Raphael Seywerth, Christian Valuch, and Ulrich Ansorge (2017)

Human eye movements after viewpoint shifts in edited dynamic scenes are under cognitive control.

Advances in Cognitive Psychology, 13(2):128--139.

We tested whether viewers have cognitive control over their eye movements after cuts in videos of real-world scenes. In the critical conditions, scene cuts constituted panoramic view shifts: Half of the view following a cut matched the view on the same scene before the cut. We manipulated the viewing task between two groups of participants. The main experimental group judged whether the scene following a cut was a continuation of the scene before the cut. Results showed that following view shifts, fixations were determined by the task from 250 ms until 1.5 s: Participants made more and earlier fixations on scene regions that matched across cuts, compared to nonmatching scene regions. This was evident in comparison to a control group of participants that performed a task that did not require judging scene continuity across cuts, and did not show the preference for matching scene regions. Our results illustrate that viewing intentions can have robust and consistent effects on gaze behavior in dynamic scenes, immediately after cuts. (PsycINFO Database Record (c) 2017 APA, all rights reserved)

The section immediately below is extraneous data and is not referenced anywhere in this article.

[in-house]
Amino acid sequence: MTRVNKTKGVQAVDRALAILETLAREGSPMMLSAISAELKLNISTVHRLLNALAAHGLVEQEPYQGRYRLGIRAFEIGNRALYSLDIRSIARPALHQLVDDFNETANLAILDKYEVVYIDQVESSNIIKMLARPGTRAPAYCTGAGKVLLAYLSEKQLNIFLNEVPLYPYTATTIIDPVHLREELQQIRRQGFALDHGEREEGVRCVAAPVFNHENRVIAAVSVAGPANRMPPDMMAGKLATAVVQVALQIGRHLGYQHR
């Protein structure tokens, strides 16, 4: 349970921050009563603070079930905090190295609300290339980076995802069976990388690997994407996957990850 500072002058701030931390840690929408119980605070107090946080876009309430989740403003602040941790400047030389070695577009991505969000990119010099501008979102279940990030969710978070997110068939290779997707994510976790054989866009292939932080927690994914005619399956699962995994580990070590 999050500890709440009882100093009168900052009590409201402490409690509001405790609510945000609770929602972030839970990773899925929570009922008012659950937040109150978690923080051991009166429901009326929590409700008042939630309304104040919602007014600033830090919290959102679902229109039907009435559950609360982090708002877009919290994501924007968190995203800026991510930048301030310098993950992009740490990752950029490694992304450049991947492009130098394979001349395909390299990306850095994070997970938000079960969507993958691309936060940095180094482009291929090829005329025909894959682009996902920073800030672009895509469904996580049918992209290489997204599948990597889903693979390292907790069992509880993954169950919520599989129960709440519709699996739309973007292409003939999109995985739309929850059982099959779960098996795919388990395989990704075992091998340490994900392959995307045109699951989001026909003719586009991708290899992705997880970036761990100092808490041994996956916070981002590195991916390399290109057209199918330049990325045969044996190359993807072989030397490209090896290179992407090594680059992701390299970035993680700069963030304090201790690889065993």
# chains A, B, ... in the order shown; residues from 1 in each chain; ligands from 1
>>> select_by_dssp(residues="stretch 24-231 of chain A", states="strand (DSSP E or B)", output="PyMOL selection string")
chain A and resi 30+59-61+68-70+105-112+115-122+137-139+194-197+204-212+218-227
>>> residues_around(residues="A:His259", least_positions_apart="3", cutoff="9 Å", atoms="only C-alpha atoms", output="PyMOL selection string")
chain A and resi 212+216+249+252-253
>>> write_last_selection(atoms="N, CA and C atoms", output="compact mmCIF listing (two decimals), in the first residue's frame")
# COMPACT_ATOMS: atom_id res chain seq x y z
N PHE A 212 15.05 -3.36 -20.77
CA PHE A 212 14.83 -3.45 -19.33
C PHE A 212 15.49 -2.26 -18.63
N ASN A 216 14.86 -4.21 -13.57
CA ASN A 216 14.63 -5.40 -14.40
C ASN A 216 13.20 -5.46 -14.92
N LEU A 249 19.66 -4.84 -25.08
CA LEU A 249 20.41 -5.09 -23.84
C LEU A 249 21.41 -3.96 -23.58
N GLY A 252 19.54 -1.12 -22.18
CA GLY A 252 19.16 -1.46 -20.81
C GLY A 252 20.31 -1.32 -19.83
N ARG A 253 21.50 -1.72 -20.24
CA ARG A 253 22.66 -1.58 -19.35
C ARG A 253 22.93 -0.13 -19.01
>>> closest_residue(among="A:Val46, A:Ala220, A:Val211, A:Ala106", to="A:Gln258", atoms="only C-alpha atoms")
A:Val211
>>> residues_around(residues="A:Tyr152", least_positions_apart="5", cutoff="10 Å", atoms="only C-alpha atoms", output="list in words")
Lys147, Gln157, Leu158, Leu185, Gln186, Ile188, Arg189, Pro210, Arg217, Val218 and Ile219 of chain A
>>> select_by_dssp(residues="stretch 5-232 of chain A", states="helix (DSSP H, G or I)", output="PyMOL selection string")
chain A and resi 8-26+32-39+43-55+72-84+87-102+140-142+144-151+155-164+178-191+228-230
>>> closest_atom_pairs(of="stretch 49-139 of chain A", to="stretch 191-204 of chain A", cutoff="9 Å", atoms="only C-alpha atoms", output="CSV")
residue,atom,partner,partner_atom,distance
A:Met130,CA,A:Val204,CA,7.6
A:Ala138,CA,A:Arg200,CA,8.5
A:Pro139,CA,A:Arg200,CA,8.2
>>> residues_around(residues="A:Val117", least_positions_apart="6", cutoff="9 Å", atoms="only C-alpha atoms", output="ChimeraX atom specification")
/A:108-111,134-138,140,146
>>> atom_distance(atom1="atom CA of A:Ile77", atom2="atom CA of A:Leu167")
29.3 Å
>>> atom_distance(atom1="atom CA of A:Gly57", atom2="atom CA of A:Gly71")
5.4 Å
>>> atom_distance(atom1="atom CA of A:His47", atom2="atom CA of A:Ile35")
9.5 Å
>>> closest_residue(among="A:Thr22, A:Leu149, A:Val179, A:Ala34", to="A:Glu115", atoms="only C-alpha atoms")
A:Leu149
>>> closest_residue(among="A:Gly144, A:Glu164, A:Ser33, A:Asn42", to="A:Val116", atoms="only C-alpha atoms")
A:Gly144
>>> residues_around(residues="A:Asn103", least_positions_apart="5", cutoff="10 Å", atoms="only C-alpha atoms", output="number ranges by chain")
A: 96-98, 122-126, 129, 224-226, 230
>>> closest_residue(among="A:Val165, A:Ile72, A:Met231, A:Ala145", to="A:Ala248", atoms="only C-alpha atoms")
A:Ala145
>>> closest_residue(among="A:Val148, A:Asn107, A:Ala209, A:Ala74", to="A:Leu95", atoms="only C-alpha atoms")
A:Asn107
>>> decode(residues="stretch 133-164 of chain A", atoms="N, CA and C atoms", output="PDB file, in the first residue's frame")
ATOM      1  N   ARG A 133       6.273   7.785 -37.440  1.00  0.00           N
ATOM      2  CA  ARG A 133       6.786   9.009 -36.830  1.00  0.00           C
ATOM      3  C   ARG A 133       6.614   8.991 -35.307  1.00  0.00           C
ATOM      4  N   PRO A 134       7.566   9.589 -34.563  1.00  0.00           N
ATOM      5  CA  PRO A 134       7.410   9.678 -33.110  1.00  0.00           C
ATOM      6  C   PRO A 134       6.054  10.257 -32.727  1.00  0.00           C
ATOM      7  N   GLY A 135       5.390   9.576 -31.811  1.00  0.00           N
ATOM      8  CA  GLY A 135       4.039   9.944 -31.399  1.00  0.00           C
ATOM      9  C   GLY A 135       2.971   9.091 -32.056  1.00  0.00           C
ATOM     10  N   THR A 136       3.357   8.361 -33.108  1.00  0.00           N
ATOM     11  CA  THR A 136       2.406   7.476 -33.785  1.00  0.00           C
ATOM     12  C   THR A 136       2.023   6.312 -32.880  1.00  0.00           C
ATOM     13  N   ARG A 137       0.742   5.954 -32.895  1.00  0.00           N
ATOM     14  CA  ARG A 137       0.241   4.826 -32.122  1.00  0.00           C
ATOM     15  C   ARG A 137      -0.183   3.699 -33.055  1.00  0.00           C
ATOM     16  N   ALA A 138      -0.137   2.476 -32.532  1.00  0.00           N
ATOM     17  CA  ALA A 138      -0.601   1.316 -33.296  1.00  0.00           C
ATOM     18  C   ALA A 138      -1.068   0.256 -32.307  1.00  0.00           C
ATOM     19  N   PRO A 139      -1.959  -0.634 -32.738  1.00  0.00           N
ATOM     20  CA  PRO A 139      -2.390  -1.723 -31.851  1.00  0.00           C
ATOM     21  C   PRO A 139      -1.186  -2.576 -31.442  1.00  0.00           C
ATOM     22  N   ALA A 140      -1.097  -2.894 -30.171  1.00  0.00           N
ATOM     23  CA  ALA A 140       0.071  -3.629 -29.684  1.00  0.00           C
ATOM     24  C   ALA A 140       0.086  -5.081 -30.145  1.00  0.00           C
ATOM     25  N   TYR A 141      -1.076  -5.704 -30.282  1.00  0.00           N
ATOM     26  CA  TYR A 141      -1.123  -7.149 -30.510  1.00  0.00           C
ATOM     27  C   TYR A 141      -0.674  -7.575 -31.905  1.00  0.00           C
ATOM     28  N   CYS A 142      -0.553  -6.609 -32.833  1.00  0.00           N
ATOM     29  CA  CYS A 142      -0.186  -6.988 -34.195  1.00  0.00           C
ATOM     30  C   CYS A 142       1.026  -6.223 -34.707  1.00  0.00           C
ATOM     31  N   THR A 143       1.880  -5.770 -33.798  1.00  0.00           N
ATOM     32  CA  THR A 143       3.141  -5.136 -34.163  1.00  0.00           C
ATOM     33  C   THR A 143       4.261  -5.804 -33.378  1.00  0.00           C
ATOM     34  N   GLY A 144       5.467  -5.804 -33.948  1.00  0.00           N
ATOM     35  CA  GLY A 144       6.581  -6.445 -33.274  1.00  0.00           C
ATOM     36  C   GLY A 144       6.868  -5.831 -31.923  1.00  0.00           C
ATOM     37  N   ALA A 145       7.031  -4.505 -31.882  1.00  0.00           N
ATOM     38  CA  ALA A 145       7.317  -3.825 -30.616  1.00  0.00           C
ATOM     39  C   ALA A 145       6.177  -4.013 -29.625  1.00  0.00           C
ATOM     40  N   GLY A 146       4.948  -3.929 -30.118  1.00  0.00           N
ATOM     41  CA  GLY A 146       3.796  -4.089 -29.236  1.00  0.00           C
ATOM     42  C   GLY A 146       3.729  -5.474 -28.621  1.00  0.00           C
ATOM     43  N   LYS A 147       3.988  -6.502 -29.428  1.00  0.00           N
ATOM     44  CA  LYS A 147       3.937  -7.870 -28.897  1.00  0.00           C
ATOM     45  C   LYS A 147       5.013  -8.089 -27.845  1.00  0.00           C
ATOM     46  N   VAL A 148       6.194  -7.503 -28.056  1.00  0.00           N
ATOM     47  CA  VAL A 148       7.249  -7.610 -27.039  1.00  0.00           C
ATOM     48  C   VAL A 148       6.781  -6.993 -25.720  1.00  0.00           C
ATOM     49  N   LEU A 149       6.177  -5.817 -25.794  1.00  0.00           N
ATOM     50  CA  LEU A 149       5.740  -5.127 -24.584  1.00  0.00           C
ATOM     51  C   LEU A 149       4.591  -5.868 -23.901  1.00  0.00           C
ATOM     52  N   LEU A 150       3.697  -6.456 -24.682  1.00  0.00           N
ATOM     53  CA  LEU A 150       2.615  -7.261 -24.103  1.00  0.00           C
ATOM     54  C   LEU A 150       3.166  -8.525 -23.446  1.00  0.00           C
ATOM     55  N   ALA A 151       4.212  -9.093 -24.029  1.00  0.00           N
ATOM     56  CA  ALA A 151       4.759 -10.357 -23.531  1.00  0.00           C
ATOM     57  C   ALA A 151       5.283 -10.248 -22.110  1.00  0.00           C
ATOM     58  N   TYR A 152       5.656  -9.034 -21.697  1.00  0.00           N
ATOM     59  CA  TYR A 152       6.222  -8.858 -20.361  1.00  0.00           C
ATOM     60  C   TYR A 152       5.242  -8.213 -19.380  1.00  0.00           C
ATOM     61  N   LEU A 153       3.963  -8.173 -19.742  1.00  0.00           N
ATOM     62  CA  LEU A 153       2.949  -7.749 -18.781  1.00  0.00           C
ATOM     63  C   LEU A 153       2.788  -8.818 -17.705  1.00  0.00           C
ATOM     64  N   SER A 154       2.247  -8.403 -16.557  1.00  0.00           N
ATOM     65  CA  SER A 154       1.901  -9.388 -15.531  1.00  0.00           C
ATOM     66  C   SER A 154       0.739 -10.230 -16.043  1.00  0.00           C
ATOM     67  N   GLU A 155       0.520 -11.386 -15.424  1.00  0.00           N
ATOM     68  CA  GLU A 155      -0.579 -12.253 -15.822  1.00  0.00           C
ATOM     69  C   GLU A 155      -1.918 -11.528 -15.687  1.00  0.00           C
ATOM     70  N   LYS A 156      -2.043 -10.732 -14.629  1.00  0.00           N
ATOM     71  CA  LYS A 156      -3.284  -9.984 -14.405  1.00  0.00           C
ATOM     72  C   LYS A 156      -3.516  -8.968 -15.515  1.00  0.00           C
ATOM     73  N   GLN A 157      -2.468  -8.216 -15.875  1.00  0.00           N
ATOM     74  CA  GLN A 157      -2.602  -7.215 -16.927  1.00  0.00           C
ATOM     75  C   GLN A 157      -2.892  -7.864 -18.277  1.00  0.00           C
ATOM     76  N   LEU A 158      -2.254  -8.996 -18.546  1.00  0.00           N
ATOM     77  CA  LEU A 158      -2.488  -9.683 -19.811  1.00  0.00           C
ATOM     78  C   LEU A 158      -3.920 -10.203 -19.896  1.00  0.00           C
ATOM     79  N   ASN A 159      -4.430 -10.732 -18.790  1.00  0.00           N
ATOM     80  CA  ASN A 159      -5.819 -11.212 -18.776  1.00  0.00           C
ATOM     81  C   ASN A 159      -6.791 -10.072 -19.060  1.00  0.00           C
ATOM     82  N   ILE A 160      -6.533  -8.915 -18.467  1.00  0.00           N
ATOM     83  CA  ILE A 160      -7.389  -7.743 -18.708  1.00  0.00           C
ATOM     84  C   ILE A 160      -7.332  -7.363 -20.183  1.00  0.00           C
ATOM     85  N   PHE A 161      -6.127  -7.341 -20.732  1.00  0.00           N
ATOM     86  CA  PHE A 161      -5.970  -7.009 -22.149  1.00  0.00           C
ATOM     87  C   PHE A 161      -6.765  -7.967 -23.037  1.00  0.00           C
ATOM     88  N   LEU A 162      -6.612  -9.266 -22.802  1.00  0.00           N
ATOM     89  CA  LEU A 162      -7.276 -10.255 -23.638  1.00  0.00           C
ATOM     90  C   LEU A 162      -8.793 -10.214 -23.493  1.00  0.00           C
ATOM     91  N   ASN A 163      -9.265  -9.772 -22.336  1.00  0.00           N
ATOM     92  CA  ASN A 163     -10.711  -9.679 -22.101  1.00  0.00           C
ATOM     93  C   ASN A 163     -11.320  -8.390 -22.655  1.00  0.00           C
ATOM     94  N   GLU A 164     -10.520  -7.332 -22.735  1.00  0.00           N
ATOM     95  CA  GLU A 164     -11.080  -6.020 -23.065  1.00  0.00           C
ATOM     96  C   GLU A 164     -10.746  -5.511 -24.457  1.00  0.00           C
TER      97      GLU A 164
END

attention, eye tracking, fixations, editing, continuity, movies, dynamic scenes, 2017, Eye Fixation, Eye Movements, Films, Visual Tracking, Cognitive Control, Intention, Judgment
Sponsor: Wiener Wissenschafts-, Forschungs- und Technologiefonds (WWTF), Austria. Grant: CS 11-009. Other Details: Shelley Buchinger, Otmar Scherzer. Recipients: Ansorge, Ulrich

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